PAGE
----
IP transit revenue threatened by peering

Dylan Bushell-Embling
telecomasia.net

Annual global IP transit revenues could fall by around $500 million by 2020 if the trend towards “free” peering arrangements continues, TeleGeography estimates.

Total IP transit revenues were $2.1 billion in 2013, the firm said. Sales of circuits connecting customers to internet hubs contributed an additional $2.5 billion, for a total of $4.6 billion.

But the share of global internet traffic delivered via transit arrangements has declined from 47% in 2010 to 41% this year.

If this decline continues, IP transit related revenues will fall to $4.1 billion in 2020. But should the ratios of traffic routed via transit and peering stabilize at the current level, IP transit revenues will instead grow to $5.5 billion by this time.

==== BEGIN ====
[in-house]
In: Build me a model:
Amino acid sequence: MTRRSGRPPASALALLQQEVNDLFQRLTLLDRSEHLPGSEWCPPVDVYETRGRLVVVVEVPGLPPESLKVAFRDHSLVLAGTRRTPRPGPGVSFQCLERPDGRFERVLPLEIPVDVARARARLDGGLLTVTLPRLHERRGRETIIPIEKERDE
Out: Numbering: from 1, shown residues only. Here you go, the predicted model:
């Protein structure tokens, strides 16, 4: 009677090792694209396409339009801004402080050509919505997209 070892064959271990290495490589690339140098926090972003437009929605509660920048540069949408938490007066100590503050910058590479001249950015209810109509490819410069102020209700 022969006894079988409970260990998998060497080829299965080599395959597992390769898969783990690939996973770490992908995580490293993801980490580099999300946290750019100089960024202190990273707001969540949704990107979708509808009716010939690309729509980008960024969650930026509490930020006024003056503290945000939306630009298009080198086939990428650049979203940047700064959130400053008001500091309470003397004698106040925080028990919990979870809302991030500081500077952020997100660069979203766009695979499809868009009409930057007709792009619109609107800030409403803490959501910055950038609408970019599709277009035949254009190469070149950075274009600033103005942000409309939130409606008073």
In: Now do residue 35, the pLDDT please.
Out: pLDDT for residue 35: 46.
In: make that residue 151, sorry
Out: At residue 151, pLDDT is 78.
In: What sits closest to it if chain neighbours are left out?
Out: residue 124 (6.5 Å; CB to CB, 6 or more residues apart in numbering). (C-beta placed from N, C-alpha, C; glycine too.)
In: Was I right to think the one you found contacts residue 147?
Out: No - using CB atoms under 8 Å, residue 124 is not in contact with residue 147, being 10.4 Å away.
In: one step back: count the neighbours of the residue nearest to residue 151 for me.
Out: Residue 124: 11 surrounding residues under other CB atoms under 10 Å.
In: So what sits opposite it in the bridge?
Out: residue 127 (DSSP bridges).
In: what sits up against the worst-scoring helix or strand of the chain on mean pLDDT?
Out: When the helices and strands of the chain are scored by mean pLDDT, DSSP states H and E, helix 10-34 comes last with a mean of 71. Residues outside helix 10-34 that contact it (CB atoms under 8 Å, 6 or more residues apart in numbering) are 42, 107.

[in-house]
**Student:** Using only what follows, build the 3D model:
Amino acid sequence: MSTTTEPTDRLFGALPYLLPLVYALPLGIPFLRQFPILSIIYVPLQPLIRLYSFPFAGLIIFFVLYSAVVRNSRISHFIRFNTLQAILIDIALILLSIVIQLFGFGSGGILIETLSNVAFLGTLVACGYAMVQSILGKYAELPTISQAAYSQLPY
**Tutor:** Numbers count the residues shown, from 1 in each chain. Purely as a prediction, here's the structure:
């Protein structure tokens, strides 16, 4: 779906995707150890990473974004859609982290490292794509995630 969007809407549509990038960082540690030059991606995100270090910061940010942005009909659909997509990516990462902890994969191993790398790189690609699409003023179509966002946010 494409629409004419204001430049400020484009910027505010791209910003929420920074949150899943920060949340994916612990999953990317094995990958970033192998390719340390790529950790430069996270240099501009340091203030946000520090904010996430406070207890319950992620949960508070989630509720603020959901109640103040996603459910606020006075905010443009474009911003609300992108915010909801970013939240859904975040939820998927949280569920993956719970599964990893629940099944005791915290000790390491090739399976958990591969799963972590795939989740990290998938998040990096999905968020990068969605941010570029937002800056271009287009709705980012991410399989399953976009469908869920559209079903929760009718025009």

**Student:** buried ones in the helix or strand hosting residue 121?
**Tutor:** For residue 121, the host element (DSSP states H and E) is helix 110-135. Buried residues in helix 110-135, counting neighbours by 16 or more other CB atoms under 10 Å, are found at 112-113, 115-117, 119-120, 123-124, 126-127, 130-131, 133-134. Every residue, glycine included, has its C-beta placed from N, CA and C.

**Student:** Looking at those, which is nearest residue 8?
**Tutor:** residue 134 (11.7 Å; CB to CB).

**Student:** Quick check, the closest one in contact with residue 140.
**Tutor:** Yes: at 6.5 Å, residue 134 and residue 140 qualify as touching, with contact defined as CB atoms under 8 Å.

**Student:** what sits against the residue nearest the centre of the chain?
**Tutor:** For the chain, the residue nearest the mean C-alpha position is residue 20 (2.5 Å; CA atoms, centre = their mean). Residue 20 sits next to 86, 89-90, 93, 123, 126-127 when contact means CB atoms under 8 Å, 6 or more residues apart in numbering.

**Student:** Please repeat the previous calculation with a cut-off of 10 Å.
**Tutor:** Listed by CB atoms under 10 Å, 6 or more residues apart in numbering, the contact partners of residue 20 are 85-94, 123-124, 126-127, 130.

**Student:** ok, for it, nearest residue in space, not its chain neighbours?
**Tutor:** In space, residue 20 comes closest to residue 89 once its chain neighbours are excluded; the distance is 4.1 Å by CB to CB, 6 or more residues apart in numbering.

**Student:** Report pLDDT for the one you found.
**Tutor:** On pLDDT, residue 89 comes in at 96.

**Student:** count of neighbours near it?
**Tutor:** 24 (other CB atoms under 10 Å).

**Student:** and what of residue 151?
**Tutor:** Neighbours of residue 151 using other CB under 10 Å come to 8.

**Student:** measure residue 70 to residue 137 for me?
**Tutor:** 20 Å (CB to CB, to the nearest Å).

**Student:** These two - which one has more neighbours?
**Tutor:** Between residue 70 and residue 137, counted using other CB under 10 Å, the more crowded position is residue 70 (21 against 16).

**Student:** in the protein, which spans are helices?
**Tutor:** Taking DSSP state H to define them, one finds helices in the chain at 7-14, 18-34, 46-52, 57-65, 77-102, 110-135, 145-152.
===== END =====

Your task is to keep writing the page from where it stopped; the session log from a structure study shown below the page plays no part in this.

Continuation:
Despite the clear trend towards adopting peering arrangements, a fall in IP transit revenues is not a sure thing, TeleGeography VP of research Tim Stronge commented.

“While it may seem counter-intuitive for providers to pay for transit when peering relationships have become more widely available, there are hidden costs associated with peering,” he said.

“When the fixed costs of purchasing a circuit to a peering point and paying for ports, colocation, and various equipment are taken into consideration, operators may find that for low traffic volumes, it is cheaper to simply purchase transit.”

The price of IP transit is also continuing to shrink, meaning operators may soon find it cheaper to forego peering altogether, Stronge added.

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